There are few people who are born with no capacity for shame. More often than not, the dysregulation of shame is a result of having had one's "circuits blown" as a child -- of having been exposed to too much shame too soon. As a result, the person may grow up with a kind of "shame bypass" mechanism, or else be so vulnerable to shame that they are paralyzed for fear of triggering it.

But do note that shame is only thinkable in the context of the other. When we are shamed, it is a result of projecting our own judgmental eyes outward. Therefore, the shame-prone individual projects a pair of eyes that are particularly harsh and judgmental, even condemnatory.

In this regard, it is important to distinguish between shame and guilt, the former being more "ontological," the latter more "existential." In other words, when we feel guilt, it is over an action. But shame has more to do with our very existence.

In his books, Allan Schore does a wonderful job of describing the actual neurobiological correlates of shame. When shame becomes dysregulated, it actually becomes woven into our very neurology. Let me see if I can find an illustrative passage.

But before doing that, let me describe how it happens with my son. Of course, until a child is, what, three years old or so, they have no capacity for shame. They are quite literally shameless, which, of course, brings to mind the primordial state of Adam. But what is the first thing Adam experiences upon his eyes being opened? Correct. Shame. He saw that he was naked, and quickly covered up.

Anyway, so future leader is now capable of feeling shame, which is clearly a good thing, because if he weren't, I wouldn't say that there would be no way to control him, but we would have one less tool in our arsenal. But the key, of course, is to never shame the child in a way that is traumatic -- any more than you want them to feel any kind of pain to excess, even while retaining the capacity to feel it. Shame is like an unbidden stranger that lives within us. Quite literally, it is a "built in other" that ensures our harmonious relations with the group.

But again, dysregulated shame either paralyzes or "unleashes." This is why so-called shame cultures -- for example, much of Islamic world -- are so shameless. Or, precisely because they cannot tolerate the acute shame they feel for being such world-historical losers, they attack the nearest "eyes," which happen to be the Israelis. If not for them, they'd have to just murder and maim each other more than they already do.

Note also how the general emotional immaturity of the Islamic world causes men to locate their shameful sexual impulses in women, so that by covering them up, they can tamp down their libidos; or how our own ridiculous troll hides his shame behind a cloak of anonymity, as if that prevents us from remembering his numberless follies!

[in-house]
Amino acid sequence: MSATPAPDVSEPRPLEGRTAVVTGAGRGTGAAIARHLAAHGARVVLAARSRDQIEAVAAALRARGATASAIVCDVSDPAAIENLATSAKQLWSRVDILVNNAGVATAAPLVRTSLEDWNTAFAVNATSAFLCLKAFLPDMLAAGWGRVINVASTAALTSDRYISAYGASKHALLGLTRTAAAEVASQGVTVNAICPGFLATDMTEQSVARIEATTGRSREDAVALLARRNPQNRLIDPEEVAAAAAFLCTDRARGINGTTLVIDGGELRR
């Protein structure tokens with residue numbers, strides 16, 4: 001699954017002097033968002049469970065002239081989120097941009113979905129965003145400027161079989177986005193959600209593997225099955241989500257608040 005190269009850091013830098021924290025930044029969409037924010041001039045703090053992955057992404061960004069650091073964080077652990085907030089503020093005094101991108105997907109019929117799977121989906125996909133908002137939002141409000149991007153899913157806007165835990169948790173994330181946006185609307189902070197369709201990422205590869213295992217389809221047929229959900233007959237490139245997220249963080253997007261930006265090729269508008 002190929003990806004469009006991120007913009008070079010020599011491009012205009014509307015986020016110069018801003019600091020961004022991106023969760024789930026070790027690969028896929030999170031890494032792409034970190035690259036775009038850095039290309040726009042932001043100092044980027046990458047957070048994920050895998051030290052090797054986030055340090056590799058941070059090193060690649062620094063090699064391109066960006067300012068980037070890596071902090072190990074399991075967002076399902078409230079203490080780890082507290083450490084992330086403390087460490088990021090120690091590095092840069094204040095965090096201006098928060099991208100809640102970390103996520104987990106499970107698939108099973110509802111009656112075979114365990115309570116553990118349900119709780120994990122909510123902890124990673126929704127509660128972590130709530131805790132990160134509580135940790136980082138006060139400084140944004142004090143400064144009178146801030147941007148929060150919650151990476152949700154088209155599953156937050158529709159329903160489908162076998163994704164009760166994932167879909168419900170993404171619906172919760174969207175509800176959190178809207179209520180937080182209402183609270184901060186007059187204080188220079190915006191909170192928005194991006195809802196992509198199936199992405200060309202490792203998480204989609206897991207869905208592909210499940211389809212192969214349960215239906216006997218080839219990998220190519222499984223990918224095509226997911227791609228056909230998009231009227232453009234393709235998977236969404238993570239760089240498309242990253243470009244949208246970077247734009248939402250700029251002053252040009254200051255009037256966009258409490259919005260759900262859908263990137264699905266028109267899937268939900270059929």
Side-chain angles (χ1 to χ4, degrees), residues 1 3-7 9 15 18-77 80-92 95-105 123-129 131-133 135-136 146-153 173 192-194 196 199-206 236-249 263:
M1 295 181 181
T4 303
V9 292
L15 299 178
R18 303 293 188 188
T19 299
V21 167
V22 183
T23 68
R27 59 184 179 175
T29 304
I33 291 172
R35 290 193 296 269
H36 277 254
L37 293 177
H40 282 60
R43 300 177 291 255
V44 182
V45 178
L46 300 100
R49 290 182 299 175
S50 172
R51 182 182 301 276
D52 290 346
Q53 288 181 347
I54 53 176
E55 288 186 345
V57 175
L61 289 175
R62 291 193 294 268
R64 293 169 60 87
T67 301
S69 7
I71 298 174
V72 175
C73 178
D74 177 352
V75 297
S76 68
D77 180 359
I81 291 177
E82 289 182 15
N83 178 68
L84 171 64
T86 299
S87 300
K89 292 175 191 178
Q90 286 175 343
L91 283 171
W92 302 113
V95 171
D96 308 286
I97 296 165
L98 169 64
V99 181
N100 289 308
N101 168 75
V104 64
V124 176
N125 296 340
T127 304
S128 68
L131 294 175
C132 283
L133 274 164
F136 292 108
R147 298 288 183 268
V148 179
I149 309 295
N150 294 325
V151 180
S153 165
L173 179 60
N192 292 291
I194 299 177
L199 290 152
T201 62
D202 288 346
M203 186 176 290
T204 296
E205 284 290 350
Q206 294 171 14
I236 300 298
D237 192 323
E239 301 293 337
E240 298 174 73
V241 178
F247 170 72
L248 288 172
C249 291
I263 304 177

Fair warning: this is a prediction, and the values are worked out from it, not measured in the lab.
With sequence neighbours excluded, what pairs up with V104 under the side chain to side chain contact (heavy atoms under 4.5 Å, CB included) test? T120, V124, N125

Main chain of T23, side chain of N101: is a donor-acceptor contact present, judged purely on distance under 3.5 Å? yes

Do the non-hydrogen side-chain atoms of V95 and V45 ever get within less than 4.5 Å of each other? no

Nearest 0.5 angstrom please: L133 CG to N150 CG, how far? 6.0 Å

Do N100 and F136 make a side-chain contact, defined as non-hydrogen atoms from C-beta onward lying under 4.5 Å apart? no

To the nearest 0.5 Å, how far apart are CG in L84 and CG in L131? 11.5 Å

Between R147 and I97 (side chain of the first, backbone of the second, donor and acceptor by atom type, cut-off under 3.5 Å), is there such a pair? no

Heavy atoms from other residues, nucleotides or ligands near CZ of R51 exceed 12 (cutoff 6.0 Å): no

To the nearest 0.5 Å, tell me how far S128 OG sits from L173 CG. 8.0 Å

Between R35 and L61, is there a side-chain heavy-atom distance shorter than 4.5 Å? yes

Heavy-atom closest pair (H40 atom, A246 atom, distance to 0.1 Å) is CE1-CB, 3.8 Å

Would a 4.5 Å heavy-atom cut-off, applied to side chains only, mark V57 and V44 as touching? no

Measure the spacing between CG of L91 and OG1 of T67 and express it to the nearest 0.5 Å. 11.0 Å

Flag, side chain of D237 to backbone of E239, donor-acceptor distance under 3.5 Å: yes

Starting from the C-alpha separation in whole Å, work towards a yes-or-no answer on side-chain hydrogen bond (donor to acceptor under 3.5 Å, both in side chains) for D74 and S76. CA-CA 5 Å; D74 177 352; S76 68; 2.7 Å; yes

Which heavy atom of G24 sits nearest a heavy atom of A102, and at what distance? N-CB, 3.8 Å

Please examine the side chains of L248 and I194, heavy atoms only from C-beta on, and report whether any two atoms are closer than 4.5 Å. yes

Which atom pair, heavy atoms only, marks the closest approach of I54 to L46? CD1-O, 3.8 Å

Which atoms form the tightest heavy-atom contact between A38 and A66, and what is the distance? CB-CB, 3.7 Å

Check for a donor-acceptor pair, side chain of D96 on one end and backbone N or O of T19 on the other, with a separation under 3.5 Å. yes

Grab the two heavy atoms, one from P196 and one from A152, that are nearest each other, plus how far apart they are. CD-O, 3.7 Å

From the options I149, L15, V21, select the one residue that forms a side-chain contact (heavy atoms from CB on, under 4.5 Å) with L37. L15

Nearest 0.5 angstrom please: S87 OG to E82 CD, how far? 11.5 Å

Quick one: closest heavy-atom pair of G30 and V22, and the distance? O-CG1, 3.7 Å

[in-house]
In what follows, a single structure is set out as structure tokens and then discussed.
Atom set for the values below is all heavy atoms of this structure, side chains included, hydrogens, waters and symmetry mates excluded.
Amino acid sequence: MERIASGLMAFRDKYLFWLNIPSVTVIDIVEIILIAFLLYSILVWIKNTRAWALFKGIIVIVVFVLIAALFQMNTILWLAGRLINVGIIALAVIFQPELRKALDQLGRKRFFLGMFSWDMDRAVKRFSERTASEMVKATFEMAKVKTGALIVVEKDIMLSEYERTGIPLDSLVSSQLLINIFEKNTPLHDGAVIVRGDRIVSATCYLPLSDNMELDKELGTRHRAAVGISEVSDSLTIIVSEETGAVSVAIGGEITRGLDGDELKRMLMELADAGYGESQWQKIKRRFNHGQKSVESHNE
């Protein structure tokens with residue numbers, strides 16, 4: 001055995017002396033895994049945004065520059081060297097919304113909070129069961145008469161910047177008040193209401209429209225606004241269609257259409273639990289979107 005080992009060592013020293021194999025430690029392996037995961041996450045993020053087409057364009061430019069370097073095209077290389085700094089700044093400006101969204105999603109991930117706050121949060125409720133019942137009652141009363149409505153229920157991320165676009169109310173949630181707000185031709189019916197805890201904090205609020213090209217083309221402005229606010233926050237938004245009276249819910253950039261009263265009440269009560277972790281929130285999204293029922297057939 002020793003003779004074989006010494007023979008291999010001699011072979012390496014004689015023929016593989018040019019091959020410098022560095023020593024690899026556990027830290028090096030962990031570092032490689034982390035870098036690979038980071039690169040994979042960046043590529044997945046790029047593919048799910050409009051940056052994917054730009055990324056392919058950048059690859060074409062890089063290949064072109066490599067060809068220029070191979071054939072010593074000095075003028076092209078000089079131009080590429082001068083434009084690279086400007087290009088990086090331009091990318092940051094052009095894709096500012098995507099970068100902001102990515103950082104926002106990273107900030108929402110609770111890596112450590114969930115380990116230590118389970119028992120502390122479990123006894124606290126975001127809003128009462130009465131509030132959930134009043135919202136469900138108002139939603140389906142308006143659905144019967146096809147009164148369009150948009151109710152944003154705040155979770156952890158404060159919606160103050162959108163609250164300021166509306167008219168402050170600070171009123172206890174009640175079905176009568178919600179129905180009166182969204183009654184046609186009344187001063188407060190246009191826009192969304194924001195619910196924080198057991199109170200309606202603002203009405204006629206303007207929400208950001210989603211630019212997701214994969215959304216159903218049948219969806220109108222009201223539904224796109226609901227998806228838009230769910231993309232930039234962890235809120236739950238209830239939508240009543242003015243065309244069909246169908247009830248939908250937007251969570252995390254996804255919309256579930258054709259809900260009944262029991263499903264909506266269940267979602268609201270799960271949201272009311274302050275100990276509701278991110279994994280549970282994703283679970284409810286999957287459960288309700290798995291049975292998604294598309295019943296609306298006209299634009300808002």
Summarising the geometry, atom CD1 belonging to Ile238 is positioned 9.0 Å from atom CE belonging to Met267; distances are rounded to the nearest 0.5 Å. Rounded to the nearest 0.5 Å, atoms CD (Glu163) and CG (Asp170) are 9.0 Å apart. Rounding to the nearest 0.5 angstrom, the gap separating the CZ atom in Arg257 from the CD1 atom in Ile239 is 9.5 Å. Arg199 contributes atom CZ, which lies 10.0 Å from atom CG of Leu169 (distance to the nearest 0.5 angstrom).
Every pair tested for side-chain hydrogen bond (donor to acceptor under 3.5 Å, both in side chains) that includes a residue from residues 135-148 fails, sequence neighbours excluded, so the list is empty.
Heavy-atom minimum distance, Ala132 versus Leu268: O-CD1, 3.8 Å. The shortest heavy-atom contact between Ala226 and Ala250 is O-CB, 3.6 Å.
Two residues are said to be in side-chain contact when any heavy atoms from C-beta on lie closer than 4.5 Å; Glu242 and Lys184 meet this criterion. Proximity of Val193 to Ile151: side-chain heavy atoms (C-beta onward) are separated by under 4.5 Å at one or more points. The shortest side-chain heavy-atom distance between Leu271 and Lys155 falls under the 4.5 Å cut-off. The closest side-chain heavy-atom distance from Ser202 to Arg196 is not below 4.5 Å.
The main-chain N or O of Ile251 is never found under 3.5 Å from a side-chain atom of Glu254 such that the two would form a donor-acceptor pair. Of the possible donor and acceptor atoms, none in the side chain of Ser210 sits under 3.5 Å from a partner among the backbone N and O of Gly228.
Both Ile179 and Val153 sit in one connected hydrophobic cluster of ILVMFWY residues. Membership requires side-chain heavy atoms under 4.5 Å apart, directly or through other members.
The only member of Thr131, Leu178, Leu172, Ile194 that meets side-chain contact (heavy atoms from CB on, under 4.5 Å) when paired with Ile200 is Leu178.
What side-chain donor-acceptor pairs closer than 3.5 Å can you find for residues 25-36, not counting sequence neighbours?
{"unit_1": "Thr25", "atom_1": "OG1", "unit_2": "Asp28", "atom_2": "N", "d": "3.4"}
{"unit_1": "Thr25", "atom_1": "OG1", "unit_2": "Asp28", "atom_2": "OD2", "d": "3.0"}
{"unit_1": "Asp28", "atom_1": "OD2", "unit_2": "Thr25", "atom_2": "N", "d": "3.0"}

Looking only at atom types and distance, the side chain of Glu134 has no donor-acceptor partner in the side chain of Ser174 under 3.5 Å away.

Eh, forget about Schore. We're getting way too far afield. Let's get back to Pieper/Aquinas and the many defenses against despair, which include loquaciousness, excessive curiosity, "an irreverent urge to pour oneself out from the peak of the mind onto many things," "interior restlessness," and "instability of place or purpose."

Each of these could be confused with garden-variety anxiety, but Aquinas is talking about something deeper, about being's flight from itself. But, to quote the wise words of Beavis, it is absurd to imagine that you can "run away from your bunghole." Rather, wherever you go, it goes there too.

There are other ways to flee from being and to manifest the "sluggish indifference toward those things that are in truth necessary for man's salvation," for example, "pusillanimity toward all the mystical opportunities that are open to man.'' Another --a veritable peter pandemic on the left -- is "irritable rebellion" against those who serve as a reminder of one's higher purpose (thus, for example, the truly inevitable attacks on the Pope and on Jews). For what did the Master say about being hated by the world?

The last and most noxious and destructive defense against despair goes all the way in converting defense to offense, to actual defiance; it is the "conscious inner choice and decision in favor of evil as evil that has its source in hatred for the divine in man."

To pick a low-hanging fruitcake that is always near at hand, our own perpetually irritated and rebellious troll makes no attempt to conceal his belief that it is necessary for God to have an adversary, and that he considers his presence here to be the reflection of a "very fundamental principle of the universe," that is, "the tendency of any force to give rise to its opposite."

There is some garbled truth to this notion, except that it is critical to bear in mind that while light necessarily gives rise to shadow, that hardly means that light "wishes" for shadows to exist.